• Aspirin and non-aspirin tablets
  • Prescriptions and any long-term medications (keep these current)
  • Diarrhea medicine
  • Eye drops


  • Bandage strips
  • Ace bandages
  • Rolled gauze
  • Cotton-tipped swabs
  • Adhesive tape roll

Other First Aid Supplies

  • First aid book
  • Scissors
  • Tweezers
  • Thermometer
  • Bar soap
  • Tissues
  • Sunscreen
  • Paper cups
  • Pocket knife
  • Small plastic bags
  • Safety pins
  • Needle and thread
  • Instant cold packs for sprains
  • Sanitary napkins
  • Splinting materials

Survival Kit for Your Home

Assemble a survival kit for your home with the following items:

Tools and supplies

  • ax, shovel, broom
  • screwdriver, pliers, hammer, adjustable wrench
  • rope for towing or rescue
  • plastic sheeting and tape

Items for safety and comfort

  • sturdy shoes that can provide protection from broken glass, nails, and other debris
  • gloves (heavy and durable for cleaning up debris)
  • candles
  • waterproof matches
  • change of clothing
  • knife
  • garden hose (for siphoning and firefighting)
  • tent
  • recreational supplies for children and adults
  • blankets or sleeping bags
  • portable radio, flashlight, and extra batteries
  • essential medications and eyeglasses
  • fire extinguisher — multipurpose, dry chemical type
  • food and water for pets
  • toilet tissue
  • cash

Survival Kit for Your Automobile

Assemble a survival kit for your automobile with the following items. Storing some of these supplies in a small bag or backpack will make them more convenient to carry if you need to walk.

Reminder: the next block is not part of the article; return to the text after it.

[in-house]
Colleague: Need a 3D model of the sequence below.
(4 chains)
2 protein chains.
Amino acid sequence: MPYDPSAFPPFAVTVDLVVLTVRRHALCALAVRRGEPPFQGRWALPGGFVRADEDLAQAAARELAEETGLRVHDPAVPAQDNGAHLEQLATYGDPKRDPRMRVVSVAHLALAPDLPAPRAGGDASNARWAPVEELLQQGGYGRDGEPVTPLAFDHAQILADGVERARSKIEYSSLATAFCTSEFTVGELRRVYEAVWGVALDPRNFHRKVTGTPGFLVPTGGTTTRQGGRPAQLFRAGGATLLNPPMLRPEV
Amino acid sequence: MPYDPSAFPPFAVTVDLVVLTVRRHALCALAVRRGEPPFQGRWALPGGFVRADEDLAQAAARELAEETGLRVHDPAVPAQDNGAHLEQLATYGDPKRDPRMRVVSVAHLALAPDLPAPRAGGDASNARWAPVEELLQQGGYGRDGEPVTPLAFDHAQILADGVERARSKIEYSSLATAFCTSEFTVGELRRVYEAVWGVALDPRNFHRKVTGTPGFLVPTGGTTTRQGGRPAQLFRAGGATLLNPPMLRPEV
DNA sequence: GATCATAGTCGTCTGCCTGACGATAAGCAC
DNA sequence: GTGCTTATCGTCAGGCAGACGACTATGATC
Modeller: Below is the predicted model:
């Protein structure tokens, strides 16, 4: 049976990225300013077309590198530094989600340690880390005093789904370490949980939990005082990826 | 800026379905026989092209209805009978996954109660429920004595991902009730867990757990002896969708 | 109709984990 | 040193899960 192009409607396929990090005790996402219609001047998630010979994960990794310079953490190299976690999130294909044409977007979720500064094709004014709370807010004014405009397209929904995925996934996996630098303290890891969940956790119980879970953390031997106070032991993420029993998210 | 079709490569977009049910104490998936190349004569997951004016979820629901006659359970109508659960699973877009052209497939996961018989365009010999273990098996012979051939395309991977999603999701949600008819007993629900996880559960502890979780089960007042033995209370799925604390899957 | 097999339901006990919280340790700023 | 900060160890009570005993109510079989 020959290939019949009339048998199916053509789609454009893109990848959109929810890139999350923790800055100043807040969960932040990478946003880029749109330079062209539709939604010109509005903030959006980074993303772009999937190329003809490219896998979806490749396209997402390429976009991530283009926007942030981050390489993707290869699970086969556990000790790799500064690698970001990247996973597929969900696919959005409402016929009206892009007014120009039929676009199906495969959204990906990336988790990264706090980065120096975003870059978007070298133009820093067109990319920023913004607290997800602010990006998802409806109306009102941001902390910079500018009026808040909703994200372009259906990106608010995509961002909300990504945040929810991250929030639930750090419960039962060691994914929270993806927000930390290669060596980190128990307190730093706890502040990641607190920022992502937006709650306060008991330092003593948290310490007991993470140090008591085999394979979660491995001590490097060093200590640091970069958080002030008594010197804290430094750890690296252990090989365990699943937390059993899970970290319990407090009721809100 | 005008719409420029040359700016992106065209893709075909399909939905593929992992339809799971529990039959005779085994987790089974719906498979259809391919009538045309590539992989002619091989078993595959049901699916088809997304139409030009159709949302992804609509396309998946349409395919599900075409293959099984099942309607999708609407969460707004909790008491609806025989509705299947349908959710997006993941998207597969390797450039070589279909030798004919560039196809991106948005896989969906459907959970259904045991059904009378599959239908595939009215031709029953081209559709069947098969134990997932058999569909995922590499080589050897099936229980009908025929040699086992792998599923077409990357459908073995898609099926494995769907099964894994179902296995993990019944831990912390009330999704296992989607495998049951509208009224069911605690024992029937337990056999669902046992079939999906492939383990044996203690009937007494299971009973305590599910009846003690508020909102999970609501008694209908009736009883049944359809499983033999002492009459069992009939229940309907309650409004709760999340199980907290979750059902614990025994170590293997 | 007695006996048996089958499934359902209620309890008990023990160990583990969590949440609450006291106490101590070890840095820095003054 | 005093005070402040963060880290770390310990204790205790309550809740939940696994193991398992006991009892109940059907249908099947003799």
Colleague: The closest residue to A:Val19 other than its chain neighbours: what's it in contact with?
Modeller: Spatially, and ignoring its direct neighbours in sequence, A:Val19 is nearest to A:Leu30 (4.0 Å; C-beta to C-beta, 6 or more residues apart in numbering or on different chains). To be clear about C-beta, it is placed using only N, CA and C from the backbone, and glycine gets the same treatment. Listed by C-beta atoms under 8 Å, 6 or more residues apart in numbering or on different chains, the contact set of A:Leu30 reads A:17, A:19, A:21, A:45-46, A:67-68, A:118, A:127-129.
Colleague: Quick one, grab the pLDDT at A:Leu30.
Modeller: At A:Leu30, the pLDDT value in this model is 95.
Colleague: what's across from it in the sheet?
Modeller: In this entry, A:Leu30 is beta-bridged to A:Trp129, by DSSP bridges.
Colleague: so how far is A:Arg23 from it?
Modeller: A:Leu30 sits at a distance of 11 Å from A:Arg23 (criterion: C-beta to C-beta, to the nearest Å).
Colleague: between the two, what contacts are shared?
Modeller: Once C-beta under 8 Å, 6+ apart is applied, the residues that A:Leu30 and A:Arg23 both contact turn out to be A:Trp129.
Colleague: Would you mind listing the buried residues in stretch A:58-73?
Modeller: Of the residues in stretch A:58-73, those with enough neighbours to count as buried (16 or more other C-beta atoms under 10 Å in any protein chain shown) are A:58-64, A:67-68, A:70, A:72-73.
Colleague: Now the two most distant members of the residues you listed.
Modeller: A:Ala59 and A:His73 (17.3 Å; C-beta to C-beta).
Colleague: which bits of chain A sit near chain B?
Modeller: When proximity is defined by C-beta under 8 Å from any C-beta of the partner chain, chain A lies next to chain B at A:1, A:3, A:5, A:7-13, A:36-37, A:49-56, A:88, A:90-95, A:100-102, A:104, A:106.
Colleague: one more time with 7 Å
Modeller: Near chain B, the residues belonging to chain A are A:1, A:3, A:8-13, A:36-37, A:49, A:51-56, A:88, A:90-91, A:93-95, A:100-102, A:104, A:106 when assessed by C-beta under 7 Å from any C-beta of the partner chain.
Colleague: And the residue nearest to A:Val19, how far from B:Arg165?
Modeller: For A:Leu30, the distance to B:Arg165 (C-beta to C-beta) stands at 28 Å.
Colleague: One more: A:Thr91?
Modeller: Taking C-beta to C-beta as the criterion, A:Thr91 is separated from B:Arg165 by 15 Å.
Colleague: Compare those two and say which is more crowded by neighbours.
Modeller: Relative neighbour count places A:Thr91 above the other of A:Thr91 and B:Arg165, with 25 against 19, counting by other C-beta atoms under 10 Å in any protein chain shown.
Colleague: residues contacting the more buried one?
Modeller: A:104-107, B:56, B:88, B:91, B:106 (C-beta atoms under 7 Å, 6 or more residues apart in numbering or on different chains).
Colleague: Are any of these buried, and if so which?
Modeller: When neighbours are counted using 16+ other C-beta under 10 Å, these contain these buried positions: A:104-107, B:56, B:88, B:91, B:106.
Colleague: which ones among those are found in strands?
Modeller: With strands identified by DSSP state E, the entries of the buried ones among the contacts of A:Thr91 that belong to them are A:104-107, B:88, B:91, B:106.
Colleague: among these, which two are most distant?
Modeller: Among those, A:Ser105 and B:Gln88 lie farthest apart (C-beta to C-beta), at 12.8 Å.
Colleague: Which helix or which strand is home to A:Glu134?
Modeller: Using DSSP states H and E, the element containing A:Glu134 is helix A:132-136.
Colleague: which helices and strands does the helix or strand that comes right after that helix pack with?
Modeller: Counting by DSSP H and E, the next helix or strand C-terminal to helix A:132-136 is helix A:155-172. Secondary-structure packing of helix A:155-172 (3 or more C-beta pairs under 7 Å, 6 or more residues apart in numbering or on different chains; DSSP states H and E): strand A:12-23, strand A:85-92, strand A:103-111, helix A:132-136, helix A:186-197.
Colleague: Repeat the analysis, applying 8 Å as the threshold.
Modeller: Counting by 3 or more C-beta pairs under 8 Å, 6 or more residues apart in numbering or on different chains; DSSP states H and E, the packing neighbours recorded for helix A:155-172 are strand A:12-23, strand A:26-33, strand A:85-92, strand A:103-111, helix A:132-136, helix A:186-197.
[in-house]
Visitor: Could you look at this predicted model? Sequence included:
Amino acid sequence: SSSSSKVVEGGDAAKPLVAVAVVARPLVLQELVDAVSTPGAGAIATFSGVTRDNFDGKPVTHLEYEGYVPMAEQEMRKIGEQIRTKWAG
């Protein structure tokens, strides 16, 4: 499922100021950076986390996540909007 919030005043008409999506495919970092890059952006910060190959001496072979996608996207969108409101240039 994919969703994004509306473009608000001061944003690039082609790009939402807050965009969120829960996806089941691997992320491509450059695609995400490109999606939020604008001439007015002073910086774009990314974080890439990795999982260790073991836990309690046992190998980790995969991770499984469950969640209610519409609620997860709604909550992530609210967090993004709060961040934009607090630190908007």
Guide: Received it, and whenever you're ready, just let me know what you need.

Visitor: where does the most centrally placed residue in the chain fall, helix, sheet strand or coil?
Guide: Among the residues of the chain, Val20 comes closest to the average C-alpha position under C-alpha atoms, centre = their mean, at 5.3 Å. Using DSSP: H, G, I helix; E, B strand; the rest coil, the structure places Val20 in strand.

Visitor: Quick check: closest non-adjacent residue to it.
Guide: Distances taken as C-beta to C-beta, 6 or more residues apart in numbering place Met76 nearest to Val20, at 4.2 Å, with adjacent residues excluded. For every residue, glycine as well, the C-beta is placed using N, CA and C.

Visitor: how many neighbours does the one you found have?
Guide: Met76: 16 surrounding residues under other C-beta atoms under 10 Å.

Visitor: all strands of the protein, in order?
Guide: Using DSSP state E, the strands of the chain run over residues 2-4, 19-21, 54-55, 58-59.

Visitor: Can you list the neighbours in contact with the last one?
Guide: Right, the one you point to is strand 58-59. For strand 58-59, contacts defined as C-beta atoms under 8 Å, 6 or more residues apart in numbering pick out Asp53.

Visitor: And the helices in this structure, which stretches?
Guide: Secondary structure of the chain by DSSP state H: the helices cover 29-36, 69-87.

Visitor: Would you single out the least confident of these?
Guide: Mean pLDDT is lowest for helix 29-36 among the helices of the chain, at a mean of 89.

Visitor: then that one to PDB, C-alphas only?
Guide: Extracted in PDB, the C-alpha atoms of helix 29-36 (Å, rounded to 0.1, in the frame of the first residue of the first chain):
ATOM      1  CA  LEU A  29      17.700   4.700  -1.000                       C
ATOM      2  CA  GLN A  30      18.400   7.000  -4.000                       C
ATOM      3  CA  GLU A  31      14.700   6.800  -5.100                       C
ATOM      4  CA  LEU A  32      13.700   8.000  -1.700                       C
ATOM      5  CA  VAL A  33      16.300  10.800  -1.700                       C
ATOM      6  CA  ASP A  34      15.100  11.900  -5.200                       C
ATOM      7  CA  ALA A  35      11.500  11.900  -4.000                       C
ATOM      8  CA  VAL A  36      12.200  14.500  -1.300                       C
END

• Blankets
  • Bottled water
  • Change of clothes
  • Coins for telephone calls
  • Fire extinguisher — multipurpose, dry chemical type
  • First aid kit and manual
  • Emergency signal device (light sticks, battery-type flasher, reflector, etc.)
  • Flashlight with fresh batteries
  • Food (nonperishable — nutrition bars, trail mix, etc.)
  • Gloves
  • Local map and compass
  • Rope for towing, rescue, etc.
  • Paper and pencils
  • Premoistened towelettes
  • Prescription medicines
  • Battery-operated radio with fresh batteries
  • Small mirror for signaling
  • Toilet tissue
  • Tools (pliers, adjustable wrench, screwdriver, etc.)
  • Whistle for signaling
  • Jumper cables
  • Duct tape

Survival Kit for Your Workplace

Assemble a survival kit for the workplace with the following supplies:

  • Food (nonperishable — nutrition bars, trail mix, etc.)
  • Bottled water
  • Jacket or sweatshirt
  • Pair of sturdy shoes
  • Flashlight with fresh batteries
  • Battery-operated radio with fresh batteries
  • Essential medications
  • Blanket
  • Small first aid kit
  • Extra pair of eyeglasses and/or contact lens solution
  • Whistle or other signaling device

Content source: 
National Center for Environmental Health (NCEH)/Agency for Toxic Substances and Disease Registry (ATSDR)Coordinating Center for Environmental Health and Injury Prevention (CCEHIP)